Brooklyn Nets: Kyrie Irving’s Message Now Being Heard

Kyrie Irving
Kathy Willens / AP Photo

The NBA cancelled games for the rest of today after the Milwaukee Bucks boycotted their Game 5 game against the Orlando Magic.


The decision came after the Sunday shooting of Jacob Blake a Black man, in Kenosha, Wisconsin.

An unarmed Black man, Blake was shot multiple times in the back by police as he entered his SUV in Kenosha, Wisconsin.

Blake’s three children aged three, five and eight were in the car.

The national spotlight is again focused on Black men and their relationship with police officers.

What’s next?

Back in June, Brooklyn Nets point guard, Kyrie Irving organized a conference call with pro-basketball players from both the WNBA and the NBA.

The purpose of the call was for players to voice their concerns regarding the NBA’s decision to resume play in Orlando next month. More specifically, the task force’s mission has been to explore solutions for players reluctant to speak out. Irving, a Vice President of the NBA’s Players Association was joined by Player Association President Chris Paul.

Irving’s Nets teammate, Kevin Durant was on the line, so was the Utah Jazz’s Donovan Mitchell, the Portland Trail Blazers’ Damian Lillard, Carmelo Anthony and C.J. McCollum were on the line too.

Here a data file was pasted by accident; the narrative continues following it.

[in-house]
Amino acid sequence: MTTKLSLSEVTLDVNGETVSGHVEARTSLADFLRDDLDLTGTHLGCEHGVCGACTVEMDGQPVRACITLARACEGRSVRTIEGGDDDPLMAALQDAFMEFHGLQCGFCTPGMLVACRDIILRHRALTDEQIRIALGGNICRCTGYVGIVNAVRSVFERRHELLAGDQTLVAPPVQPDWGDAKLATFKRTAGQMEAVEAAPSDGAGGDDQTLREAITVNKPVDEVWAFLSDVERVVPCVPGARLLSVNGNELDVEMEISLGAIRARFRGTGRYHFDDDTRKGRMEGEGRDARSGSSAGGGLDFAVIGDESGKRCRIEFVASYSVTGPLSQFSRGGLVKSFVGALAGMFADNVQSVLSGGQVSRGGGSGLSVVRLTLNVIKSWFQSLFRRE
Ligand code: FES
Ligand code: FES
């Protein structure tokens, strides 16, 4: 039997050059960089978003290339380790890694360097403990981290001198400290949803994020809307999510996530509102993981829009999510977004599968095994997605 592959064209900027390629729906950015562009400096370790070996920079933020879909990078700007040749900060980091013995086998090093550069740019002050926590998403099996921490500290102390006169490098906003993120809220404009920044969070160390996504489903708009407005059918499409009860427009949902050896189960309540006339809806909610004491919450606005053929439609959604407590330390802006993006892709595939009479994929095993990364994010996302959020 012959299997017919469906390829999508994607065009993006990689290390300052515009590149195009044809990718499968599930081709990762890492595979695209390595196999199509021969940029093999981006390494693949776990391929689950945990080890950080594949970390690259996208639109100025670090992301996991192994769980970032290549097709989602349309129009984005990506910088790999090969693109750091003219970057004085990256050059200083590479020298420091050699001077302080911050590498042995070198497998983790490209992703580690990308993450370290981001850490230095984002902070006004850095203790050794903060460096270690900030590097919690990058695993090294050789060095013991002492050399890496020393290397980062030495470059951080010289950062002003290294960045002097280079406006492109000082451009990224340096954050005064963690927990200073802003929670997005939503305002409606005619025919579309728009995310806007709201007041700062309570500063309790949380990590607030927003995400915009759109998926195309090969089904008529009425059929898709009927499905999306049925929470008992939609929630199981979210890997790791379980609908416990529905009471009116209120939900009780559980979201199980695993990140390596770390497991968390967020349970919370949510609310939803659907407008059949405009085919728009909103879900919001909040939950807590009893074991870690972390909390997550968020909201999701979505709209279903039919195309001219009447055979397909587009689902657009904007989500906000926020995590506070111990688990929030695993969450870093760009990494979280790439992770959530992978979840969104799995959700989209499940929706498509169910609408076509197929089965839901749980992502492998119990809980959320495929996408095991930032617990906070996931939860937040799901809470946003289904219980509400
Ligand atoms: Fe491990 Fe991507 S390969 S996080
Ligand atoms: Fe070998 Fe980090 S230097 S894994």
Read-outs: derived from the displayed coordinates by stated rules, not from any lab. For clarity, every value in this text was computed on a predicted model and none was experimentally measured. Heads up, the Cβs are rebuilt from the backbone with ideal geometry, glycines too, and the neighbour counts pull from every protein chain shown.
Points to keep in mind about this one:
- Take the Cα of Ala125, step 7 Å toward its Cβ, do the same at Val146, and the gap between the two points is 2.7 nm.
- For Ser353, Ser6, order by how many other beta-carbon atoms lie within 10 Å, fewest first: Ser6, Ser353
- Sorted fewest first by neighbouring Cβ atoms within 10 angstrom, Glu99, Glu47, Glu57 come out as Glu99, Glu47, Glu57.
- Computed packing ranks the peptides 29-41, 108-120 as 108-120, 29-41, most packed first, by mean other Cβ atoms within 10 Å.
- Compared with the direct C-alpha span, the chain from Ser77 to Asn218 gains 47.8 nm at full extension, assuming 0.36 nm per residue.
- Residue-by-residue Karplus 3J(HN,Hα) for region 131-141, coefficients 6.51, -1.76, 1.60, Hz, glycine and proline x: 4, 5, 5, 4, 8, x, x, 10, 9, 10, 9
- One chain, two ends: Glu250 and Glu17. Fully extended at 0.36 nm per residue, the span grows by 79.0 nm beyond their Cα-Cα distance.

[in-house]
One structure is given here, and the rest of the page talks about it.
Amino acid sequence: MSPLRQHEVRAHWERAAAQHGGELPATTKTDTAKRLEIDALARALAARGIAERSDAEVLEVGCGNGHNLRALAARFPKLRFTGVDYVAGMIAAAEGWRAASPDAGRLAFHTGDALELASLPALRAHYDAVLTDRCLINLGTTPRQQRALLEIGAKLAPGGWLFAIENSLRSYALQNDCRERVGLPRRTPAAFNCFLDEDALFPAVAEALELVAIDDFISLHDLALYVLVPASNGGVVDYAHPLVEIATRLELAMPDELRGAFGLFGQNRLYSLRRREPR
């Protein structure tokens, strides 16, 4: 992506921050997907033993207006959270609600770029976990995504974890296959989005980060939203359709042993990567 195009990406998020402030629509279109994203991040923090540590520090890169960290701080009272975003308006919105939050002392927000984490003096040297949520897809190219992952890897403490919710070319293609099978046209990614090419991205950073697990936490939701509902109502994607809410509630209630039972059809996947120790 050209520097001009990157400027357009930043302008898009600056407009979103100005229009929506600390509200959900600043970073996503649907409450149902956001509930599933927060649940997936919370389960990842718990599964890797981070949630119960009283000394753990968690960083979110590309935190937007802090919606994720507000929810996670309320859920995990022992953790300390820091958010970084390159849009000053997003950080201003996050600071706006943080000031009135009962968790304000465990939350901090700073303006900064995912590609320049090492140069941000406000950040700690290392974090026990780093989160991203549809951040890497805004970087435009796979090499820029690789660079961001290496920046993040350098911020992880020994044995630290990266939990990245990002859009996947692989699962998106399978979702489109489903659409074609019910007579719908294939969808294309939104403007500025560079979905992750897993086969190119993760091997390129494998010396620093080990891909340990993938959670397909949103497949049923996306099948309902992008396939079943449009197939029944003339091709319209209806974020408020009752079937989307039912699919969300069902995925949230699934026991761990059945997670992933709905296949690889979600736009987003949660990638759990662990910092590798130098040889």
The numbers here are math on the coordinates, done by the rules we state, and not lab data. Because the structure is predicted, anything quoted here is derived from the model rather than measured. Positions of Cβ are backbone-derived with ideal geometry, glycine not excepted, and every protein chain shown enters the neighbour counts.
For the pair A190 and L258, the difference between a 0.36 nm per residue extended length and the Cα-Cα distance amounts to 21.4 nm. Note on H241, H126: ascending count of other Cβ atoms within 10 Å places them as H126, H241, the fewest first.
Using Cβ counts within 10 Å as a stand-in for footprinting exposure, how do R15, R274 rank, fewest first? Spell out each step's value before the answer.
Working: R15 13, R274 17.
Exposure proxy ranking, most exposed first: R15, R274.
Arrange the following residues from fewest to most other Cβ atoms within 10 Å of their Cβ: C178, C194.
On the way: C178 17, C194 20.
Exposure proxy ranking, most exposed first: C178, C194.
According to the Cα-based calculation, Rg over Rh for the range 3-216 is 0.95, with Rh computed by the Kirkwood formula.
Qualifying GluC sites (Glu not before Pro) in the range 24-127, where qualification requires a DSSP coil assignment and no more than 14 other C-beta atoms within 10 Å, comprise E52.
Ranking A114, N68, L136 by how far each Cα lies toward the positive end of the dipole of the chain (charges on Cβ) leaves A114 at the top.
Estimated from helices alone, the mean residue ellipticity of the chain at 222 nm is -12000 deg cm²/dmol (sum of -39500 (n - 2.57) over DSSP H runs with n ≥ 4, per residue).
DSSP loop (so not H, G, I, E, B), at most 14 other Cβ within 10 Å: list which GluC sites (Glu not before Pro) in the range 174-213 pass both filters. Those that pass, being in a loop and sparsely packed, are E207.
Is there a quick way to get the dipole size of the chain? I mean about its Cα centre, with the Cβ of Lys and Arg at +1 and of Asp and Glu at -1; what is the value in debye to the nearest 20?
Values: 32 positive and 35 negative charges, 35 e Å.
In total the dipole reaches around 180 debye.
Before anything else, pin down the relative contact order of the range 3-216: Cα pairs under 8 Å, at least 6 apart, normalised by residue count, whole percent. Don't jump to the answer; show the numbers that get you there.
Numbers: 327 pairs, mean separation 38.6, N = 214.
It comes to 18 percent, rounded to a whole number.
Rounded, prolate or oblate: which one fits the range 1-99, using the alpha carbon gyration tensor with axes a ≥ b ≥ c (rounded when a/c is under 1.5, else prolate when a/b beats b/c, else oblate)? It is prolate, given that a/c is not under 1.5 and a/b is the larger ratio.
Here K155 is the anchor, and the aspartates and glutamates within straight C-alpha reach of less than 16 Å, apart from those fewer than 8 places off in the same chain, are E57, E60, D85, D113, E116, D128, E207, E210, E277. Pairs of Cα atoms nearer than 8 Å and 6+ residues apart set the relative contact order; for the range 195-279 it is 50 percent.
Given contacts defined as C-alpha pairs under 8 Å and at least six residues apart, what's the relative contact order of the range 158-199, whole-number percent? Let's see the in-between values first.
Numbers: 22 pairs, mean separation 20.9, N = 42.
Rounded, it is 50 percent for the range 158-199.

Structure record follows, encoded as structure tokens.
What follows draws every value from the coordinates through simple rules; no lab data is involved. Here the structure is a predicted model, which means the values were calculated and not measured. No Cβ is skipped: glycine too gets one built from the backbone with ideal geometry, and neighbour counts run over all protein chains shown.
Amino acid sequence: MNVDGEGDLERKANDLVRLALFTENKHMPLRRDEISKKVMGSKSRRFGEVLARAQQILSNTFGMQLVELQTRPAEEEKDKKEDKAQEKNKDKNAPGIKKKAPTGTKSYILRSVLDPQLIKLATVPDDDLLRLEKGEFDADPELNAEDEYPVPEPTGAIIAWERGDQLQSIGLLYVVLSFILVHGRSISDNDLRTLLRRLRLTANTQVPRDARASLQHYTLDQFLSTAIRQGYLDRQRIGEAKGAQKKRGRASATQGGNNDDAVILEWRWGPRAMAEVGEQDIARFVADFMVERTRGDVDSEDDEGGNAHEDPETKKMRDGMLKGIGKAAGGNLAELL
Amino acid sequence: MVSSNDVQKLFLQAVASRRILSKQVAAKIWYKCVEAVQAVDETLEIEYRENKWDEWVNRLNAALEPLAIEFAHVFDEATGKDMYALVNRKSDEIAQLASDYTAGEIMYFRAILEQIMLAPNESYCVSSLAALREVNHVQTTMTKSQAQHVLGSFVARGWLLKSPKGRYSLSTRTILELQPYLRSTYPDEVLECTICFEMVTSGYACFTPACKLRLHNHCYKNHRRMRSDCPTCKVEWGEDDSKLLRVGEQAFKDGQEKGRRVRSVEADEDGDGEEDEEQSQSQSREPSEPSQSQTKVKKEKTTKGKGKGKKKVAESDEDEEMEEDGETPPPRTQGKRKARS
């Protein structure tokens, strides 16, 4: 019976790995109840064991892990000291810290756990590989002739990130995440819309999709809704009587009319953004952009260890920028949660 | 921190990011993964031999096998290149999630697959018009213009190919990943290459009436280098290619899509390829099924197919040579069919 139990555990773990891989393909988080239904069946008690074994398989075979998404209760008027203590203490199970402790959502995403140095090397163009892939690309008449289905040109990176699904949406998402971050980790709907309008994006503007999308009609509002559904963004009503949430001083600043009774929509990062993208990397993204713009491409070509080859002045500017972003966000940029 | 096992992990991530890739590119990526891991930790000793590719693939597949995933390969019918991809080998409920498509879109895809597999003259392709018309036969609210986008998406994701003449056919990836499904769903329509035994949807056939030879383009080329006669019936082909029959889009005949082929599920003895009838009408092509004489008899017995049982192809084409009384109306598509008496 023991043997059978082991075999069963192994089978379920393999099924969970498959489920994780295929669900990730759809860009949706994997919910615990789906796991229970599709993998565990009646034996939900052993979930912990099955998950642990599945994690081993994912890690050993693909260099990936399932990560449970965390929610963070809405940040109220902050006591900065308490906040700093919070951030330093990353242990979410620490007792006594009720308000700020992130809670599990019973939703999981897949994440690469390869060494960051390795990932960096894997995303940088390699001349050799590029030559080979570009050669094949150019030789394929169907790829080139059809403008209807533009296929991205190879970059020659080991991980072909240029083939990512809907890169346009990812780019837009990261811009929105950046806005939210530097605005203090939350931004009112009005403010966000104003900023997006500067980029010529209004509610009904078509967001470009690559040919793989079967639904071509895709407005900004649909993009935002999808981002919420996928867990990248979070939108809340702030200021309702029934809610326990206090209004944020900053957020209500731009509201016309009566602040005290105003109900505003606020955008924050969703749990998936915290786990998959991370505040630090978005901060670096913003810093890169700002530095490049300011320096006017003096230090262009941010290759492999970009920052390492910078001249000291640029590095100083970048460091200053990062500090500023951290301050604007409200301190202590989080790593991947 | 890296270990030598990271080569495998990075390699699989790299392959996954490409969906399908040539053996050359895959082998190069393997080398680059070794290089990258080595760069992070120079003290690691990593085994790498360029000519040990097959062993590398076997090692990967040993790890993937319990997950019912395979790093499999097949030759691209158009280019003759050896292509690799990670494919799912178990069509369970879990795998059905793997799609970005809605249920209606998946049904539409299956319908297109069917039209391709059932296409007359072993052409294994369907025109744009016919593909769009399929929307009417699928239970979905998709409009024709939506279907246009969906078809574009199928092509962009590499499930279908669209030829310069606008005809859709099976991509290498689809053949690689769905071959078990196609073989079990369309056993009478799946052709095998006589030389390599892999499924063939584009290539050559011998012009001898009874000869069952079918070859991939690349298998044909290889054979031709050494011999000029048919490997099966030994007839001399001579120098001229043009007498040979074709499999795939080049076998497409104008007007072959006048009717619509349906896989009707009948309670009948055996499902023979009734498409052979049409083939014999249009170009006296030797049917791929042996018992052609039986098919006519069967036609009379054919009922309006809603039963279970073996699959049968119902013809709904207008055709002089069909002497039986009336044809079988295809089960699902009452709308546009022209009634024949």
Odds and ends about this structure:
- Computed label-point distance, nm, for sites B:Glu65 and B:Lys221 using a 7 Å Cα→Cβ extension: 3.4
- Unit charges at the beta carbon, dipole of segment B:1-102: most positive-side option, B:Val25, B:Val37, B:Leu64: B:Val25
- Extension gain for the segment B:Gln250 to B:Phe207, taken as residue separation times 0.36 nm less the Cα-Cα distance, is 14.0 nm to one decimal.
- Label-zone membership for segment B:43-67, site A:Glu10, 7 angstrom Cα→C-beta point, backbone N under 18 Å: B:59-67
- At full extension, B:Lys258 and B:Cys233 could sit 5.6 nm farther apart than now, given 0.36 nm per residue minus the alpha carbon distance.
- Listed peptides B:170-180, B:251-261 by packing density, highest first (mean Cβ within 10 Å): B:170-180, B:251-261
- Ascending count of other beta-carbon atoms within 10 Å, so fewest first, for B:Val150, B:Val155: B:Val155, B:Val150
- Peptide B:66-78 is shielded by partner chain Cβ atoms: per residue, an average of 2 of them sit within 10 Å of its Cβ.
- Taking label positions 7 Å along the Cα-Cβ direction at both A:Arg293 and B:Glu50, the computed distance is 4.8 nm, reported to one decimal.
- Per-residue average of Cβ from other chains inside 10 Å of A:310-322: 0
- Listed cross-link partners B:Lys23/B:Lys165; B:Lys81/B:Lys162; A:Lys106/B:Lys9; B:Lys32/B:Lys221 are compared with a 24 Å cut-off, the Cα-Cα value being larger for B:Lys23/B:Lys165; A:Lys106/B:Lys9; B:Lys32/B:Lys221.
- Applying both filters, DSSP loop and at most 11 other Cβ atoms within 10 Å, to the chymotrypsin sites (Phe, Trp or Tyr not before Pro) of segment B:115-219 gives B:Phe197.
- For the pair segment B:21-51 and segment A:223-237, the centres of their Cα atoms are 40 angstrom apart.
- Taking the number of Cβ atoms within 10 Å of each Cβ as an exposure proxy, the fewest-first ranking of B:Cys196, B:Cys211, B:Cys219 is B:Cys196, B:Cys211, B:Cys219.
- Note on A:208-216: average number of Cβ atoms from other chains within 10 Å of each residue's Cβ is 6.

Irving opted not to join the Nets at the NBA bubble in Orlando. He also made it clear privately and in conference call meetings that he is on a united front with his NBA bretheren and specifically with Los Angeles Lakers guard, Avery Bradley.

Irving faced ridicule by many who believed that he was wrong especially when he stated on the call: “I don’t support going into Orlando. I’m not with the systematic racism and the bullshit …

“Something smells a little fishy. Whether we want to admit it or not, we are targeted as black men every day we wake up.”

With today’s announcement that games were cancelled, Irving was trending on Twitter with some believing that the NBA Champion was right in not showing up to the NBA bubble.

“The whole point is to use the platform to make change,” a source close to the Nets point guard told me this afternoon.

“Now that there’s basketball being played, the platform being provided is a distraction. We need to be using this unique opportunity to create change.”


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